Hepatic hydrothorax is an uncommon complication in patients with end-stage liver disease. It may result in dyspnoea, hypoxia and infection, and carries a poor prognosis. Initial treatment is based on a sodium-free diet together with diuretics. In case of recurrent hydrothorax, a transjugular intrahepatic portosystemic shunt (TIPS) or liver transplant should be considered. Here we describe an 80-year-old woman with decompensated liver cirrhosis related to NASH who presented with refractory hepatic hydrothorax. Treatment with CPAP resulted in a marked improvement in her pleural effusion.
Cirrhosis, hepatic hydrothorax, CPAP
In the literature, pleural effusion is often associated with ascites, usually in connection with solid ovarian tumours, Demons-Meigs syndrome or hepatic cirrhosis. Hepatic hydrothorax is defined as the accumulation of significant pleural effusion in a cirrhotic patient without primary pulmonary or cardiac disease. Initial treatment is based on a sodium-free diet together with diuretics. In case of recurrent hydrothorax, liver transplantation should be considered. When possible, the placement of a transjugular intrahepatic portosystemic shunt (TIPS) may be sufficient or could serve as a temporary treatment while the patient awaits a liver transplant .
An 80-year-old woman was admitted to our unit for shortness of breath. She was known to have liver cirrhosis related to NASH (Child-Pugh 7-B, MELD 11). About 6 months previously, she had developed ascites and treatment with salt restriction, furosemide and spironolactone was started. Gastroscopy later showed stage 1 oesophageal varices. Two months after this, she was admitted to the respiratory medicine unit for massive right pleural effusion. Investigation revealed she had hepatic hydrothorax, which was treated with thoracentesis that removed 4000 ml of transudative fluid. Treatment with diuretics was maintained. One month later, she was again admitted for recurrent pleural effusion. The abdomen was mildly distended, but ascites was not evident. The age of the patient precluded a liver transplant and the presence of portal vein thrombosis contraindicated TIPS.
The patient was again treated with thoracentesis which removed 4000 ml of transudative fluid. A search of the medical literature revealed some rare, similar cases where CPAP had significantly reduced pleural effusion recurrence. Consequently, CPAP was instituted and 6 months later, the patient has not had recurrence of her effusion and her quality of life has markedly improved.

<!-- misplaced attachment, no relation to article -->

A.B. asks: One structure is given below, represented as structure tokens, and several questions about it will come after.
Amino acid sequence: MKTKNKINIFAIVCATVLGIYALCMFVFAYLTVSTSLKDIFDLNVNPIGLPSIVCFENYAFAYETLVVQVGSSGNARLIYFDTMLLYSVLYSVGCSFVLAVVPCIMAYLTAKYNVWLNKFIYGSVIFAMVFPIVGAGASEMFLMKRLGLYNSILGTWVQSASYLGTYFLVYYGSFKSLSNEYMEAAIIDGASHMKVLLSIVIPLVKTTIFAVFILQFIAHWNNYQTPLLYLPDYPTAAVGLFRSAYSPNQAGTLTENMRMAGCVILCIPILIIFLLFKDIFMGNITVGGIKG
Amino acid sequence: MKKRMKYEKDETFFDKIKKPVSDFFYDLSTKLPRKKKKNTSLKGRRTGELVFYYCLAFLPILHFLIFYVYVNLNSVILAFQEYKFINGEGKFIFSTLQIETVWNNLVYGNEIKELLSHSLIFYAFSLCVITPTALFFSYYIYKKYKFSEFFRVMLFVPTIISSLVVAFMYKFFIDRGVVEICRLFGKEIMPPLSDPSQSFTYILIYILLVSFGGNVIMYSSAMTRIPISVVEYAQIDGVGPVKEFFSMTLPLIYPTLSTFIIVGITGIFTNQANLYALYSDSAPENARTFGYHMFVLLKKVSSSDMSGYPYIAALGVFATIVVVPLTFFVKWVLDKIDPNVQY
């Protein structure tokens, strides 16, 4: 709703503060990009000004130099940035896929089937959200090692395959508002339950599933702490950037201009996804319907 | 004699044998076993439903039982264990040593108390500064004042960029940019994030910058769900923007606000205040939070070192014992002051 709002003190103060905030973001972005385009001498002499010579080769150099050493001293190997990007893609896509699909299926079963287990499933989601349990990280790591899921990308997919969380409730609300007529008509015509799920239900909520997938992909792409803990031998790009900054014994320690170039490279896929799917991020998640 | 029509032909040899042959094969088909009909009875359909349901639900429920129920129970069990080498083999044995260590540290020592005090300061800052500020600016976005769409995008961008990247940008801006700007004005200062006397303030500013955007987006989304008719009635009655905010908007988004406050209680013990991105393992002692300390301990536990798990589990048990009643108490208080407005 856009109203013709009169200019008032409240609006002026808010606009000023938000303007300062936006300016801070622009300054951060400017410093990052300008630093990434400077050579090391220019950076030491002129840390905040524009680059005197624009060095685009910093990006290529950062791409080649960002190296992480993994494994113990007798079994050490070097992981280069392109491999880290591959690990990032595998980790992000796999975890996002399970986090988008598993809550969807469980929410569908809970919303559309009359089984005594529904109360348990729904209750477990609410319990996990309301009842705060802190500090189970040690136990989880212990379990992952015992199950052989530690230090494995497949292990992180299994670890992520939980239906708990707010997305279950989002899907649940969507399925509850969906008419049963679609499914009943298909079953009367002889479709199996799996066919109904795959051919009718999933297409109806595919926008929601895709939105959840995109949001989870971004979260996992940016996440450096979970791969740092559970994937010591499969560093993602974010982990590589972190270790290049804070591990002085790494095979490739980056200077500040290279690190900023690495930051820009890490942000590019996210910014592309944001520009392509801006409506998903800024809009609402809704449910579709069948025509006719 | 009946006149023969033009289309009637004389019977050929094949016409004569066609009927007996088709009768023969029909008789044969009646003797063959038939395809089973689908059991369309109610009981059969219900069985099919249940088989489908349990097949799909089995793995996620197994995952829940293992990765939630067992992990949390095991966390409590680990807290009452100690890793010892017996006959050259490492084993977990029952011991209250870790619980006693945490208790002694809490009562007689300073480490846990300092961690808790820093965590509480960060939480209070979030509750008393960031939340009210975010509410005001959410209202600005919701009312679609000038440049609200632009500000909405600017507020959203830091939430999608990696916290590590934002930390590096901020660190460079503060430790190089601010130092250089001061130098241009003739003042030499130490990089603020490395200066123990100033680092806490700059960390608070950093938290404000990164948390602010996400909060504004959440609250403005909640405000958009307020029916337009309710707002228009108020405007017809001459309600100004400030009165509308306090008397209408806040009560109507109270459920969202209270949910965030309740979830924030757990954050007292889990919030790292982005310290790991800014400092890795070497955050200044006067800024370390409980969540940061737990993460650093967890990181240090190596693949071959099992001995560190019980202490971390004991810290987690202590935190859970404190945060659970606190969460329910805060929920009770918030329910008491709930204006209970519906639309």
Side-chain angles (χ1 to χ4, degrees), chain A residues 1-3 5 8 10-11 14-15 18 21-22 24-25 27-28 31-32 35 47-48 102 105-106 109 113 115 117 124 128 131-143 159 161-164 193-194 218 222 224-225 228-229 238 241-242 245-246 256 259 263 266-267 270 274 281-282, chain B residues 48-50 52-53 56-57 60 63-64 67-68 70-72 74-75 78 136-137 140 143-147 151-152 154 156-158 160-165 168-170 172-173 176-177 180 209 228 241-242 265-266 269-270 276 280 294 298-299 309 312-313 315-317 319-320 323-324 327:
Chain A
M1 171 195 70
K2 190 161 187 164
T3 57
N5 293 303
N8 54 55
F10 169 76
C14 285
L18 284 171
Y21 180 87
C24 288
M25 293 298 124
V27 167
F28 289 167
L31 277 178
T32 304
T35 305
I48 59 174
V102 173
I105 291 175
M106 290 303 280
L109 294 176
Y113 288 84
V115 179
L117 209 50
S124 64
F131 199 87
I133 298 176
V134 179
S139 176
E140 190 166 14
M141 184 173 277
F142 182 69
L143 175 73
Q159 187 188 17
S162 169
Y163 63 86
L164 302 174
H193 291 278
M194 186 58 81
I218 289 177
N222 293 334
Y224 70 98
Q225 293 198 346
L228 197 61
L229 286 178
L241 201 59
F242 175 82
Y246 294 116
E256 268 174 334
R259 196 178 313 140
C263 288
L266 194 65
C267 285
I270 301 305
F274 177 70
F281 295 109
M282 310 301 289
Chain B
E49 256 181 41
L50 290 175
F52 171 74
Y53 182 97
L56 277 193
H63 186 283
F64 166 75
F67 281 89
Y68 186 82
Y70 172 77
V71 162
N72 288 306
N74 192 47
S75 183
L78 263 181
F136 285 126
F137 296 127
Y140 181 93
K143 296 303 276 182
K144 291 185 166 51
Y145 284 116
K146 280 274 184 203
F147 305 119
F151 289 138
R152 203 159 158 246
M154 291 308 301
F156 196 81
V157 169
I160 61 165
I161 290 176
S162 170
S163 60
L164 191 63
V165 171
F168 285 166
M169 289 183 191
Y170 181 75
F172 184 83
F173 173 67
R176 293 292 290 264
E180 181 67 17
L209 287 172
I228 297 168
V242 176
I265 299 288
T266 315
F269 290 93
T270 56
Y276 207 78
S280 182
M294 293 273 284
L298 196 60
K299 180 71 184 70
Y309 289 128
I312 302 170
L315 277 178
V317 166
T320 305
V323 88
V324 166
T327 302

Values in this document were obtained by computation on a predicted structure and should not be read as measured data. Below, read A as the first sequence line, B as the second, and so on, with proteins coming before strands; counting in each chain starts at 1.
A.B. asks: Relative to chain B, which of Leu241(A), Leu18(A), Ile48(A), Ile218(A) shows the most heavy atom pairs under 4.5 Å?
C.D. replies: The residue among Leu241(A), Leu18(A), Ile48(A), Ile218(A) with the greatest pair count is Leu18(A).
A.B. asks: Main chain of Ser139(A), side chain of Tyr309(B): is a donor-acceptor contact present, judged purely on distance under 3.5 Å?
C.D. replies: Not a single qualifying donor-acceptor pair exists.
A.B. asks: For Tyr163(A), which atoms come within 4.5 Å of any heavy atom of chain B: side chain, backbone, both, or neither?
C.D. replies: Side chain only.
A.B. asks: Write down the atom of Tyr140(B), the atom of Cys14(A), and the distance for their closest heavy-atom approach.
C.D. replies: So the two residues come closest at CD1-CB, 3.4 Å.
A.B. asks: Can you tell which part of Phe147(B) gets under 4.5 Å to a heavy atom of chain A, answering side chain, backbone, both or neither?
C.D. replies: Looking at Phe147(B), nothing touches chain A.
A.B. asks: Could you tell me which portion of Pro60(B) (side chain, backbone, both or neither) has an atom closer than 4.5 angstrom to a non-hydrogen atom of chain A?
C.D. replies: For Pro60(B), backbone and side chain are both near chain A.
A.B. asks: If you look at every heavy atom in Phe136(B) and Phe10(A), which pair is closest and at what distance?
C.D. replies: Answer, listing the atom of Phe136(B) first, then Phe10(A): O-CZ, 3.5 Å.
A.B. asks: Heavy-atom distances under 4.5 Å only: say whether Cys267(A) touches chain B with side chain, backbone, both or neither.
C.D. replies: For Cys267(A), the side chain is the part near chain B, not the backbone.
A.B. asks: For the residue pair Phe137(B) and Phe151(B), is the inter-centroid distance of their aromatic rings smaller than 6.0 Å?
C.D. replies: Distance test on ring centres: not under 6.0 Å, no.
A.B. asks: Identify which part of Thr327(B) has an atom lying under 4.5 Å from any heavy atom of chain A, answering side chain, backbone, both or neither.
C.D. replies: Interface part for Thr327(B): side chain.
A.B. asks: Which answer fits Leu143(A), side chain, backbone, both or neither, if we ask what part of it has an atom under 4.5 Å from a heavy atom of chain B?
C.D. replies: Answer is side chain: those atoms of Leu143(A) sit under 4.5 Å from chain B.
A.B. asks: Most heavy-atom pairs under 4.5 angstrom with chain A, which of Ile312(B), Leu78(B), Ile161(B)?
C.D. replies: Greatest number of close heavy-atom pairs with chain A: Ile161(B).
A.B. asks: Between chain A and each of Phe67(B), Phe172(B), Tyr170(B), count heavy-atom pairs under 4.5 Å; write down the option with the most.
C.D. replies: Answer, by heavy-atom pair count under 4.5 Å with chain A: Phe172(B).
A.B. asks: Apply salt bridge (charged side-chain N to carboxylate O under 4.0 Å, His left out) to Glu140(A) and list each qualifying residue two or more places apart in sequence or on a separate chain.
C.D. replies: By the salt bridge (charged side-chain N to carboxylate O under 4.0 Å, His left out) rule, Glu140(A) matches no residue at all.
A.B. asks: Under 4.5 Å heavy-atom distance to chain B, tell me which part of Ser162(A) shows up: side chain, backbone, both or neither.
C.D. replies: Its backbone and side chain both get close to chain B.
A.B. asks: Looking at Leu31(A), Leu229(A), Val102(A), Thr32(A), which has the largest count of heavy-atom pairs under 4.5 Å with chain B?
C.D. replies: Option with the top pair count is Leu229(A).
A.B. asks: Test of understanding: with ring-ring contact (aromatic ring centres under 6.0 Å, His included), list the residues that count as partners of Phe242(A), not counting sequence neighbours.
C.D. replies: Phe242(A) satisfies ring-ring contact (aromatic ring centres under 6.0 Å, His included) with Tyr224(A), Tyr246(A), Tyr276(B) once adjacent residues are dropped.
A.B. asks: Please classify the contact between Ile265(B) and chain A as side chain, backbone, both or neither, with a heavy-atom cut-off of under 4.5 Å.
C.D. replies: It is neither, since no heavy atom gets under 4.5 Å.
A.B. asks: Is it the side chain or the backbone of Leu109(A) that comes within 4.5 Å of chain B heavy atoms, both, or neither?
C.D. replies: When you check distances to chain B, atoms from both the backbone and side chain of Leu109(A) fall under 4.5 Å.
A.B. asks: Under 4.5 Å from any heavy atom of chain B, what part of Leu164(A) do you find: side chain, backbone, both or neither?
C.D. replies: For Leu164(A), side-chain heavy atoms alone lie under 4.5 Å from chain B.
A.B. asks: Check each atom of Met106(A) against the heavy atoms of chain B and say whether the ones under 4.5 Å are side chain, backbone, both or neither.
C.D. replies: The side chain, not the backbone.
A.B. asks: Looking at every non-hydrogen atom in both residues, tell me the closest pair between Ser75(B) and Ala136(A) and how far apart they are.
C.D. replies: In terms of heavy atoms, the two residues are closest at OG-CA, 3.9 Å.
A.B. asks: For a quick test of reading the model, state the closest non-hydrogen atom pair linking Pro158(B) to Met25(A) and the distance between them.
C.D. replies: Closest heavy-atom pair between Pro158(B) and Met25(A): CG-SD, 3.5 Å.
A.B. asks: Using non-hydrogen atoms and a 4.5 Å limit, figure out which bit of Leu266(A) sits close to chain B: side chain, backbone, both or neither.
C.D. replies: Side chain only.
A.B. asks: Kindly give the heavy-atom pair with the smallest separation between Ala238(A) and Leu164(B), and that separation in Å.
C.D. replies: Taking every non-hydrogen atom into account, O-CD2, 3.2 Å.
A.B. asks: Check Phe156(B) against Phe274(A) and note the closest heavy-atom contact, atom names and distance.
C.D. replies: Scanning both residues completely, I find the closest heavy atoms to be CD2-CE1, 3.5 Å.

Hepatic hydrothorax is defined as the accumulation of significant pleural effusion in a cirrhotic patient without primary pulmonary or cardiac disease. Hydrothorax is uncommon, occurring in up to 4–6% of all patients with cirrhosis and in up to 10% of patients with decompensated cirrhosis. Hepatic hydrothorax is usually seen on the right side (65–87% of reported cases). The formation of hepatic hydrothorax is linked to unidirectional transfer of ascites from the peritoneum to the pleural cavity through diaphragmatic defects. Diagnosis can be confirmed by peritoneal scintigraphy, ultrasonography and magnetic resonance imaging .
These diaphragmatic defects have been demonstrated macroscopically and microscopically in patients with hepatic hydrothorax. They have also been visualized intraoperatively, during thoracoscopy and during autopsy studies. The size of these defects varies from 0.03 to 5–6 mm in diameter, which makes their identification difficult. The ascites may be absent or minimal in 20% of patients with hepatic hydrothorax. Initial treatment is based on a sodium-free diet together with diuretics. However, hepatic hydrothorax is refractory to salt restriction and diuretics in approximately 25% of cases. In case of recurrent hydrothorax, liver transplantation should be considered. When possible, the placement of a TIPS may be sufficient or could be used as temporary treatment while the patient awaits a liver transplant. Other surgical approaches have also been used in the management of refractory hepatic hydrothorax [1–3].
Recently, some rare cases of resistant hepatic hydrothorax have been successfully treated using CPAP. Takahashi et al. described a 62-year-old patient with resistant hepatic hydrothorax and obstructive sleep apnoea. Surprisingly, CPAP initiation resulted in a marked improvement in pleural effusion. The pleural effusion returned after CPAP was stopped and improved after CPAP was reinstated . Saito et al. reported two cases of intractable hepatic hydrothorax successfully treated with nasal CPAP . In 2015, Yamamoto et al. described a case of refractory hepatic hydrothorax that improved with a combination of thoracocentesis and CPAP .
The mechanism underlying the improvement in these patients may have been the intrathoracic positive pressure induced by CPAP. CPAP treatment does not carry any risks, and its use in hepatic hydrothorax should be investigated in a large series of patients.